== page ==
2 – Include Campers in the Preparation Process

Ensuring that your camper feels prepared is a great way to ease the pre-summer jitters! Utilize our online packing list to make sure your camper has everything they need to succeed. For some campers, being involved in the shopping and/or packing process can help calm nerves, so hand over that sharpie and let them help label their belongings, or go for walks together to make sure their hiking boots are fully broken in!

3 – Nip Homesickness in the Bud

The transition from home to camp can be a big adjustment, and many campers experience homesickness as they settle in. Printing out a few photographs of family and friends, packing a special stuffed animal to squeeze when they miss home, or including a prewritten “for when you feel homesick” letter are all useful strategies that can ease your child’s mind. If your child is particularly nervous, send a letter or one-way email that is awaiting their arrival to be read, or include a note in luggage for them to discover when unpacking! Additionally, including some pre-addressed and stamped envelopes in their suitcase makes writing home quick and easy.

4- Help Us Help Your Camper!

Myself, along with the rest of the camper care, and our leadership team here at Ramah in the Rockies are your partners in the success of your child’s summer! If your camper has a particular challenge that might impact their experience, it is best addressed before camp starts. If we know about potential problems in advance, we are able to strategize together and set your child up for success. If there is any information that was not included on your initial application that might help us facilitate the best summer possible for your camper, please contact Julia Chatinover, juliac@ramahoutdoors.org.

5 – Research Reassures

The unknown can be daunting, but familiarizing your child with Ramah in the Rockies before they pack their bags can make the transition to camp less intimidating! On our website you and your camper can watch videos, click through photos, learn about the daily schedule, and get an idea of what to expect upon their arrival to our beautiful chava (ranch). If you have any questions or concerns feel free to reach out to Rabbi Eliav, eliavb@ramahoutdoors.org or Julia Chatinover, juliac@ramahoutdoors.org.

I am looking forward to sharing a summer of fun, friendship, and adventure with all of our amazing chalutzim (campers)!

B’simcha,

Dani Wallace

Director of Camper Care


February 25th, 2019

Below is a note from Moss Herberholz, our Director of Inclusion, regarding the expansion of our vocational education program. To learn more about this program, visit the Program page on our website!


Moss Herberholz, Director of Inclusion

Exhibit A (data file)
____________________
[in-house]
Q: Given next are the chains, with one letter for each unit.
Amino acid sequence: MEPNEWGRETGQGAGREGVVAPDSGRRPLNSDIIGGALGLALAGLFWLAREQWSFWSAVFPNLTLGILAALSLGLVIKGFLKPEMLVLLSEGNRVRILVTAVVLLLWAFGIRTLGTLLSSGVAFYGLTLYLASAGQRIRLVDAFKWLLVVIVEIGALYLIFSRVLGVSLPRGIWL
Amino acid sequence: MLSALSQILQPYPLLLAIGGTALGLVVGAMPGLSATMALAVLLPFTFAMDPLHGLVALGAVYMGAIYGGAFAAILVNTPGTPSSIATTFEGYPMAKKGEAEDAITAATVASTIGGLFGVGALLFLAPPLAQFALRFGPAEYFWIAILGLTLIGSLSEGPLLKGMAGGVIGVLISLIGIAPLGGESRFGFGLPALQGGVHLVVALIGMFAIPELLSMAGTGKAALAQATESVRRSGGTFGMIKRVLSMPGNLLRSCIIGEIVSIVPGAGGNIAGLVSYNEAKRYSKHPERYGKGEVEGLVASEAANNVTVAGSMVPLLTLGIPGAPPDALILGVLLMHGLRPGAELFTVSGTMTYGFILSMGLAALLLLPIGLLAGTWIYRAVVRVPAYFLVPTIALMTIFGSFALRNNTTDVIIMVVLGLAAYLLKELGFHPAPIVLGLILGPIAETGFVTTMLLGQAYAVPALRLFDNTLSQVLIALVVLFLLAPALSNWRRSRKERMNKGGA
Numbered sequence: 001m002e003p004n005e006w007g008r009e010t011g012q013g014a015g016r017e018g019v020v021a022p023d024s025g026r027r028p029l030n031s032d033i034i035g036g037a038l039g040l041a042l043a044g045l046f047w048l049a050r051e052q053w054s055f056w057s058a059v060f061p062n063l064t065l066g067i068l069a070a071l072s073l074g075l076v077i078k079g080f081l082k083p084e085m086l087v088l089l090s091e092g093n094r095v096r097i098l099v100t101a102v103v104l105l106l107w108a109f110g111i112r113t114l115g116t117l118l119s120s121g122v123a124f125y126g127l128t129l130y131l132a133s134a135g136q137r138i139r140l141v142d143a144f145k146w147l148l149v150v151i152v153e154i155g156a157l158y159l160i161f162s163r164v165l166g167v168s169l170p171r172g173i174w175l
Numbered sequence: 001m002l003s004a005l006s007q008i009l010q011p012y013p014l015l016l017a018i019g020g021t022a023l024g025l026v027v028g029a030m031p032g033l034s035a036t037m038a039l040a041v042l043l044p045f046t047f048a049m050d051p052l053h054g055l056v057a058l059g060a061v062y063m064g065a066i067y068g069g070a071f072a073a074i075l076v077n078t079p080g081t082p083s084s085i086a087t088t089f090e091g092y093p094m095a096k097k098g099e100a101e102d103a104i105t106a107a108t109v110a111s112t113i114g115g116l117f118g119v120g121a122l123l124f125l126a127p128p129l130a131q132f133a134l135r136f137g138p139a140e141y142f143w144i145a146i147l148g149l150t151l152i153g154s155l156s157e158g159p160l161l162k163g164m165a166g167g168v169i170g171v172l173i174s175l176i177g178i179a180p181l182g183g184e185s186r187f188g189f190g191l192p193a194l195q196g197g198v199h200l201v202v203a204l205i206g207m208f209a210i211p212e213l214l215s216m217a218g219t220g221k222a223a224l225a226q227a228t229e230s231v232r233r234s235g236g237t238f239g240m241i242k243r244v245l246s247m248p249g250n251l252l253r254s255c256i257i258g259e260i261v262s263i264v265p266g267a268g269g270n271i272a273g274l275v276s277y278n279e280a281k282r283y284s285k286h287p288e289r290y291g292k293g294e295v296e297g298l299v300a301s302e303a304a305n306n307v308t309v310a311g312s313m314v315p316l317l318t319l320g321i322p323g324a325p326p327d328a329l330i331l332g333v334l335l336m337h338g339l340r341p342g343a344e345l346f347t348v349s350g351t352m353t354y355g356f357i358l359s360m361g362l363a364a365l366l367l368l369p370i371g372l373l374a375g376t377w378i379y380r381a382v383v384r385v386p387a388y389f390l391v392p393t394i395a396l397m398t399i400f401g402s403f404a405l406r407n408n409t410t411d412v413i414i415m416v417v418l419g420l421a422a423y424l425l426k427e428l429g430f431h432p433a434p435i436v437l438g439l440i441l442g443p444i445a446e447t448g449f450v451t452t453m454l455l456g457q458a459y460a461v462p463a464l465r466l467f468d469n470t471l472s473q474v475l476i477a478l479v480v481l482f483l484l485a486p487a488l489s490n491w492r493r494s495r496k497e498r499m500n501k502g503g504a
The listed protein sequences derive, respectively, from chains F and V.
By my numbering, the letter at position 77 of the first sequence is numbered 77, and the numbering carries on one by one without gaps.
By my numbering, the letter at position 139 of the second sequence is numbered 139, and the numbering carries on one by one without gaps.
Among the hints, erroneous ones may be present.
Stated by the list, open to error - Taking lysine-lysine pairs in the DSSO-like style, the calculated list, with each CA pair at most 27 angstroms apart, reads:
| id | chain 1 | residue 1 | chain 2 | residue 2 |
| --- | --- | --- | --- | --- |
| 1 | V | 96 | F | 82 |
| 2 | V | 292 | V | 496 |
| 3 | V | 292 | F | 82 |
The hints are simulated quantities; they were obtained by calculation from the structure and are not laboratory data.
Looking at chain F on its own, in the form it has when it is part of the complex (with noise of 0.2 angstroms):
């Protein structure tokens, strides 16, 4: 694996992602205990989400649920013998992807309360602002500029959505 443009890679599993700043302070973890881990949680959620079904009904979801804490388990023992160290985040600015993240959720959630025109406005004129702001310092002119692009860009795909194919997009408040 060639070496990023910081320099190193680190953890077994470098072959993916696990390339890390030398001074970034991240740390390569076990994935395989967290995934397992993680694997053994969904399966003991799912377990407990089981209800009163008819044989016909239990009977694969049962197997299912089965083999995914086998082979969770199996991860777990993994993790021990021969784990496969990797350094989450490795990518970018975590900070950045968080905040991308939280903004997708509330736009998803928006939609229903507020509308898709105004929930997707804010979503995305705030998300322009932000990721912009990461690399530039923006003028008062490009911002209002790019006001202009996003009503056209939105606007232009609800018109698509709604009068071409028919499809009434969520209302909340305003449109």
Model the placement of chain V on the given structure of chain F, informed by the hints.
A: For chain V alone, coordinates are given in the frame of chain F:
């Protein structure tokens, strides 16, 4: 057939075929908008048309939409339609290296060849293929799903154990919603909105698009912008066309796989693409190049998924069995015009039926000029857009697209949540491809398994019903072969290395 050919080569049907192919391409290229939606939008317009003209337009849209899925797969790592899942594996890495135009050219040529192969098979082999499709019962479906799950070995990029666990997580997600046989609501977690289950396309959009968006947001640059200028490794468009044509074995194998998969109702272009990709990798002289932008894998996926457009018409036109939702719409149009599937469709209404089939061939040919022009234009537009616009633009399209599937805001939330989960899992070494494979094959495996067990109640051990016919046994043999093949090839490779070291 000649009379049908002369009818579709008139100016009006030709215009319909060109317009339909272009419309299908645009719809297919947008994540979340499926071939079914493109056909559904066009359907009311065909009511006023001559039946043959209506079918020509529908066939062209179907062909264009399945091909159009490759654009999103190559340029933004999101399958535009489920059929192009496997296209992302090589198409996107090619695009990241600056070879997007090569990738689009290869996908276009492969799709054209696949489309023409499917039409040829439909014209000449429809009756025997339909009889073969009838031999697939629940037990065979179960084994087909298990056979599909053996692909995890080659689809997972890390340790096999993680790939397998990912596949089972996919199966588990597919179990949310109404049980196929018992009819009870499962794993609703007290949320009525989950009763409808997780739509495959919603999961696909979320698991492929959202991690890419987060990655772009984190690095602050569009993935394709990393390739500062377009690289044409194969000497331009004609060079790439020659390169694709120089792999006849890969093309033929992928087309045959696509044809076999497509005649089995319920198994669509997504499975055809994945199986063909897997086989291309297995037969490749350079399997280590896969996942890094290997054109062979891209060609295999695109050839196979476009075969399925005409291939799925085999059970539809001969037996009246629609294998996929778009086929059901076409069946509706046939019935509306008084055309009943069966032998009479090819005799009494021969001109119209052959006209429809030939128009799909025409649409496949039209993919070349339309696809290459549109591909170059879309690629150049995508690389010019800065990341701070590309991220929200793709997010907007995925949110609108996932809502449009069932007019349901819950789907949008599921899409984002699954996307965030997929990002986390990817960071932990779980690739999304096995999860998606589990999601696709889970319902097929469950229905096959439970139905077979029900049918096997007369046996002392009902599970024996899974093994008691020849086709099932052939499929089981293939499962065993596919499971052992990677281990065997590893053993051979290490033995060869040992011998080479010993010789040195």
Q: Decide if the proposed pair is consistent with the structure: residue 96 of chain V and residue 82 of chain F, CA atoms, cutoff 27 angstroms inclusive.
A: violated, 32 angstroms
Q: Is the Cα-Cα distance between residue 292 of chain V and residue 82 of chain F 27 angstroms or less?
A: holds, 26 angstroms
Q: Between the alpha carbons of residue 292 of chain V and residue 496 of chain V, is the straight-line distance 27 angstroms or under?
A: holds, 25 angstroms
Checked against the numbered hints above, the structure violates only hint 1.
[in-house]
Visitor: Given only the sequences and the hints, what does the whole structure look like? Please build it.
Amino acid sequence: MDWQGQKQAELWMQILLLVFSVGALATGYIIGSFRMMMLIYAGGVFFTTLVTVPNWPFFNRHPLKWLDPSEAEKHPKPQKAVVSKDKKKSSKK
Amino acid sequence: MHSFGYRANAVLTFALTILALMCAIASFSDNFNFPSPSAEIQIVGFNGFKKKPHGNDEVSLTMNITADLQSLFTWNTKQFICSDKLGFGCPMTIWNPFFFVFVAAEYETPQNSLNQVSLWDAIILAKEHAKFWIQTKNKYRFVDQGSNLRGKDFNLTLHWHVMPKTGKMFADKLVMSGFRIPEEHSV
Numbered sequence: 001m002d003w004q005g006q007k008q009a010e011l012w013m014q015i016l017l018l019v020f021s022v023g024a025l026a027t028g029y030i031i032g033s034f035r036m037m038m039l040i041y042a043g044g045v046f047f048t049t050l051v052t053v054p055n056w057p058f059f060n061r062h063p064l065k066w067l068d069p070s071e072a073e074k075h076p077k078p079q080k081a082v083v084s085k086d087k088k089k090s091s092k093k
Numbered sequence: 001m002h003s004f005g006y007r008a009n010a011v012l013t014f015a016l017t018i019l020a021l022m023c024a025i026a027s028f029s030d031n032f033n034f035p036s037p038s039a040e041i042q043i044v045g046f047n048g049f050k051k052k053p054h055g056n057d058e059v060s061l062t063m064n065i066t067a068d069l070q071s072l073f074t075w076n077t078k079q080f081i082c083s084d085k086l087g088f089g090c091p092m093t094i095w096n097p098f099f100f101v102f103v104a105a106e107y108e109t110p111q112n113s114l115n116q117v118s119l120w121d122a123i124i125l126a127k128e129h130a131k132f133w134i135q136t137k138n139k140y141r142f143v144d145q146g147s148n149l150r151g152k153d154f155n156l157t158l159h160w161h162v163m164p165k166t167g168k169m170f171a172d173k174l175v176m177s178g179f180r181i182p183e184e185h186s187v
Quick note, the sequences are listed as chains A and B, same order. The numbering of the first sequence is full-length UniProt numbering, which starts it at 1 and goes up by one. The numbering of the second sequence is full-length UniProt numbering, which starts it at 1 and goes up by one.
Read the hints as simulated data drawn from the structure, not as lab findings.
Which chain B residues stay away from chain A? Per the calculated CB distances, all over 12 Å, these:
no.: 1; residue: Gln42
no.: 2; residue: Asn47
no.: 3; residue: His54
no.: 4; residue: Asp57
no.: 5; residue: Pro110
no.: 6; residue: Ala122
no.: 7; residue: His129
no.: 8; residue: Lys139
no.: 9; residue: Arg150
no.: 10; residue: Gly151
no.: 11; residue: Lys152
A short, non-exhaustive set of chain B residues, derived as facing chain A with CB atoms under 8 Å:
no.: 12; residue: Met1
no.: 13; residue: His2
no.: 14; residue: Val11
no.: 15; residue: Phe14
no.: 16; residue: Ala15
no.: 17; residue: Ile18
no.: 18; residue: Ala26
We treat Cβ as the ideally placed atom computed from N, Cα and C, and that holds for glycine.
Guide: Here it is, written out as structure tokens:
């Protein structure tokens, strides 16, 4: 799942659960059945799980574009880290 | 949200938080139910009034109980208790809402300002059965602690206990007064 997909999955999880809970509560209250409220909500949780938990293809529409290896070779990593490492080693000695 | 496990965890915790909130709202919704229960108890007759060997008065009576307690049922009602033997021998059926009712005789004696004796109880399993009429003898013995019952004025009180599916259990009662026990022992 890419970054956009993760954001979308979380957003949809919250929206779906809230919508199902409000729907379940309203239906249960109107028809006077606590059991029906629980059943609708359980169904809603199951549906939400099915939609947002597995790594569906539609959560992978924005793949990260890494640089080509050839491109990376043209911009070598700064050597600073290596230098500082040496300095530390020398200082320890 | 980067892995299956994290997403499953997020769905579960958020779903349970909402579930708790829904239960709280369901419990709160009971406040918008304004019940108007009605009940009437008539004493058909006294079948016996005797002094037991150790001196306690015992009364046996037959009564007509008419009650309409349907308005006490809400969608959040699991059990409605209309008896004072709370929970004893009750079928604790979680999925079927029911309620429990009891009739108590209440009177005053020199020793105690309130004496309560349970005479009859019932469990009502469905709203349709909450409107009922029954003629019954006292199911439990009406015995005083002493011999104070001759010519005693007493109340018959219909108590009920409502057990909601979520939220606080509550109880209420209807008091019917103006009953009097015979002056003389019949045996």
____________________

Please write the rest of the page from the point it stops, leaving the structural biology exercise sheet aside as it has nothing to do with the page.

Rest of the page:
As we expand our vocational education program, we hope to provide Jewish young adults with special needs an opportunity to receive job training, learn life skills, improve social skills, and engage in Jewish learning with peers, all while enjoying time in the beautiful Rocky Mountains.

We hope that expanding our program will allow our inclusion campers to continue being a part of our kehilah kedoshah (holy community) even after they have aged out of our inclusion program. Unlike our neurotypical campers, who we often welcome back as staff members, up until now this kind of opportunity has been inaccessible to many of our inclusion campers.

We also hope that expanding our program will open our kehilah kedoshah (holy community) to new faces. We are excited to provide the opportunity to spend an extended period of time living and engaging in meaningful work while in an outdoor environment to Jewish young adults who were not campers at Ramah in the Rockies.

This past summer it was a joy to watch our returning vocational educational participant as he pushed passed his comfort level and grew. He spent the summer effectively and independently completing tasks in pack-out and on the farm. In pack-out he helped prepare food and other materials for masa’ot (backpacking trips). On the farm he took care of the animals, helped cultivate crops, and independently lead campers in activities for the first time. It is my hope to see many more vocational education participants learning and growing just as this vocational education participant continues to do.


Picture two boys running after each other – laughing and smiling as they dart through the tent circle. Picture a group of girls sitting crosslegged in their ohel (tent), shuffling a deck of playing cards. One of them calls out to a girl sitting on her bed and invites her to play with them. It may appear as though there is nothing extraordinary about these interactions, and yet these were some of the most remarkable moments of the summer.

Summer 2017 was full of countless new adventures; I’d like to tell you about one of them.